Sunning safely: Skin protection is recommended, especially in western Colorado |

Sunning safely: Skin protection is recommended, especially in western Colorado

Christoper Lepisto, N.D.
Free Press Health Columnist

Summer weather has finally arrived, which probably comes to you as a mix of joy for the end of cold and rainy nights and caution for the burning rays of the sun.

The safest time to get sun on your skin (all of your skin, ideally) is as early and late in the day as possible. Most but the most sensitive of skin can tolerate 10-20 minutes at this time to jump-start vitamin D production. Thereafter, it really is safest to just cover up. Those of you who enjoy the river or watersports know the importance of coverage beyond sunscreen as it simply washes off given enough time. Sunscreens are generally chemical in nature so the sunblocks are best (containing white zinc oxide or other crushed minerals). You should look a bit like a ghost!

Of greater concern is the chemical reaction that happens between DEET and sunscreens, which may produce carcinogenic substances. Thicker clothing works pretty well for mosquitoes and no see-ums as well.

It’s the accumulation of burns over time that produce the greatest risk for skin cancers down the road. Because melanoma and basal cell carcinomas of the skin are so aggressive, you should monitor any suspicious moles, patches or bumps and definitely check in with your doctor. In medicine, we use the rule of ABCDs to indicate findings of greater concern:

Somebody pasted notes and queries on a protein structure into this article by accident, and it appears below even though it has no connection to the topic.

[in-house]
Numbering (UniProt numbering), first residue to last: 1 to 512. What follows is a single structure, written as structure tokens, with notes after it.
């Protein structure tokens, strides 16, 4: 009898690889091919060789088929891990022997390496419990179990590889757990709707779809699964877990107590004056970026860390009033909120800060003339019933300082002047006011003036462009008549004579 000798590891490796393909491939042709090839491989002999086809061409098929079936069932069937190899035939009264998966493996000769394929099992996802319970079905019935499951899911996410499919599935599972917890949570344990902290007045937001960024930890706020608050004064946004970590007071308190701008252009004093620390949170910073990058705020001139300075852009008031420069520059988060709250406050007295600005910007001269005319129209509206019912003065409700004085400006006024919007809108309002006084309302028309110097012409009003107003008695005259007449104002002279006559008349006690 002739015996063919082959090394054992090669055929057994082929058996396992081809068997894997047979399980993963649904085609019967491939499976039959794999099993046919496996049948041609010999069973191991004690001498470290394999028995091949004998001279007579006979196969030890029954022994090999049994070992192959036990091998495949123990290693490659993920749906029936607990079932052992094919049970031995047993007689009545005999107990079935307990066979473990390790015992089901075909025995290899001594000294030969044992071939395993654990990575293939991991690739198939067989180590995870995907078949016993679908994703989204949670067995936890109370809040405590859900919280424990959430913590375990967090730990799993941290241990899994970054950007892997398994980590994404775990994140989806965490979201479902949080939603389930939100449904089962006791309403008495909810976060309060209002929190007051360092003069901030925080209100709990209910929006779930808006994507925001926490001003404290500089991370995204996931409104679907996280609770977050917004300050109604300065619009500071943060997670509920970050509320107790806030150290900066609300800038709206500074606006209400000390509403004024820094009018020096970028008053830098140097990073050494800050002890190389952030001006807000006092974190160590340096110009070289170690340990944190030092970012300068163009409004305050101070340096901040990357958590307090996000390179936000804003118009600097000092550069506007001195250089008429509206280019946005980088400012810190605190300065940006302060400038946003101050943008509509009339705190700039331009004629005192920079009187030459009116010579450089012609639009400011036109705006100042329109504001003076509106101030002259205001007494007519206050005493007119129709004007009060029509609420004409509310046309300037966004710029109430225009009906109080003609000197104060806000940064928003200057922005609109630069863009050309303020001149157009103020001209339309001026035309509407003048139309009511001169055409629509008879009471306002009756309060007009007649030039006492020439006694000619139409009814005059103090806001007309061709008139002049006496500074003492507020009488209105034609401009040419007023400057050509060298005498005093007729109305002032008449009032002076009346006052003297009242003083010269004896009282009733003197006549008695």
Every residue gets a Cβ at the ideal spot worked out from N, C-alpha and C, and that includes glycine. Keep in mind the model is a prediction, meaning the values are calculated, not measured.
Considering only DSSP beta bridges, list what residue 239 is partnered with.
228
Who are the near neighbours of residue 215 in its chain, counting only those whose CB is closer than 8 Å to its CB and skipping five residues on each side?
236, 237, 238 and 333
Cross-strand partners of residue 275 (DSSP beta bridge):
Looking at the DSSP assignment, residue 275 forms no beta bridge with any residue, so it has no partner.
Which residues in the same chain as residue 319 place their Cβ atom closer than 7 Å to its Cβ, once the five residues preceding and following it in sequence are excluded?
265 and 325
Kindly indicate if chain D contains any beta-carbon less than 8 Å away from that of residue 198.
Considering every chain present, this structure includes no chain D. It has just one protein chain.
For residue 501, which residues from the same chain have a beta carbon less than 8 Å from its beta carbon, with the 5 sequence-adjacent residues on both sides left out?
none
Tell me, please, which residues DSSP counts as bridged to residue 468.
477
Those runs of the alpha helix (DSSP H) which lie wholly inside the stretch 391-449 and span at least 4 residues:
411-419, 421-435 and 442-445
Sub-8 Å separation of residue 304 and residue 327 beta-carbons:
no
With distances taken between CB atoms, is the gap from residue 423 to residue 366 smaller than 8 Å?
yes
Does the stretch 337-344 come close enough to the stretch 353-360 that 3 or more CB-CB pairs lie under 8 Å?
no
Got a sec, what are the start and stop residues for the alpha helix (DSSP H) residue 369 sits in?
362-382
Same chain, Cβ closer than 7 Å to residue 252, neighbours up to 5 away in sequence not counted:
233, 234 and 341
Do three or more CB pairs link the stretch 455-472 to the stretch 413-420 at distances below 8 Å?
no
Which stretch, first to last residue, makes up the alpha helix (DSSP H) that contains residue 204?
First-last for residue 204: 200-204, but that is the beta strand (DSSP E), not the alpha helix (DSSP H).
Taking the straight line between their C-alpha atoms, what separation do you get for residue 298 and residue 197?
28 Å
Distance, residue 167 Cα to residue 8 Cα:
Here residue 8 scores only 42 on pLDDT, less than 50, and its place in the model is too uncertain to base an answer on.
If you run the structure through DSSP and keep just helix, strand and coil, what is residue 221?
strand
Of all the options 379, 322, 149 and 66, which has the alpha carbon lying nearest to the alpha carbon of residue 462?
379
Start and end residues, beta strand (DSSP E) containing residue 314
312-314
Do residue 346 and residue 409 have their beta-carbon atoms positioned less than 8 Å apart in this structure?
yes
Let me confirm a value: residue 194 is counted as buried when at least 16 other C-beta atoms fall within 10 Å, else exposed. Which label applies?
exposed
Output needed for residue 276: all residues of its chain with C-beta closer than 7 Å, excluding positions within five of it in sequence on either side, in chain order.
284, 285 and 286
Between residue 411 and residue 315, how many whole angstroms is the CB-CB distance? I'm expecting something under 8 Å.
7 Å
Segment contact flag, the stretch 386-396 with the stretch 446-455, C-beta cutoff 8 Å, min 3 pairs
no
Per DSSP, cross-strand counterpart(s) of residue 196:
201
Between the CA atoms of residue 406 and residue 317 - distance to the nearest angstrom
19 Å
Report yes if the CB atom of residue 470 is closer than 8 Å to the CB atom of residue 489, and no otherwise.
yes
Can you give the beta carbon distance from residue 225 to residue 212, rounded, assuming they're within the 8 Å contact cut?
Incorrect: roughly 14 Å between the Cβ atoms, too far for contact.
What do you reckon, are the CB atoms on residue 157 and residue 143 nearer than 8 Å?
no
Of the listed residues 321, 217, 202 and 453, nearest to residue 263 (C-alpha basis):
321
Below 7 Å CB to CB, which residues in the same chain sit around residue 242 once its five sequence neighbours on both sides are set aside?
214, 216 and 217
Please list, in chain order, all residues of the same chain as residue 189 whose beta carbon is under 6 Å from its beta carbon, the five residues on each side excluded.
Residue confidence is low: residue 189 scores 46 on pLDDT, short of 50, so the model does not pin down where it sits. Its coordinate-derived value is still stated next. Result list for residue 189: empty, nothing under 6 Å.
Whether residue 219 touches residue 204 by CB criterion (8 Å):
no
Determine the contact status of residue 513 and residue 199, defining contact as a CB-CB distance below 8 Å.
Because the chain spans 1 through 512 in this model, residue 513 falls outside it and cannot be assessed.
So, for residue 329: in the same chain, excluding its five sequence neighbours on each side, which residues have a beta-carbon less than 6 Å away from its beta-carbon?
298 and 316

1. Asymmetry — asymmetrical appearances

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2. Border — irregular borders

3. Color — odd colors like red or black

4. Diameter — large spots (greater than a dime)

As a Minnesota farm wife, my grandmother always covered her skin throughout her life. She ended up with the clearest, baby-soft skin that I had ever seen on a 92-year old woman. “Cover up” is a good thing to remember when jumping into a western Colorado summer.

Christopher Lepisto, a Free Press health columnist, graduated as a naturopathic doctor (N.D.) from Bastyr University in Seattle, Wash. He is a native of Grand Junction and opened his practice here in 2004. Previously, Lepisto lived and worked in New Zealand, where he developed a special interest in indigenous herbal medicines. For more information, visit or call 970-250-4104.

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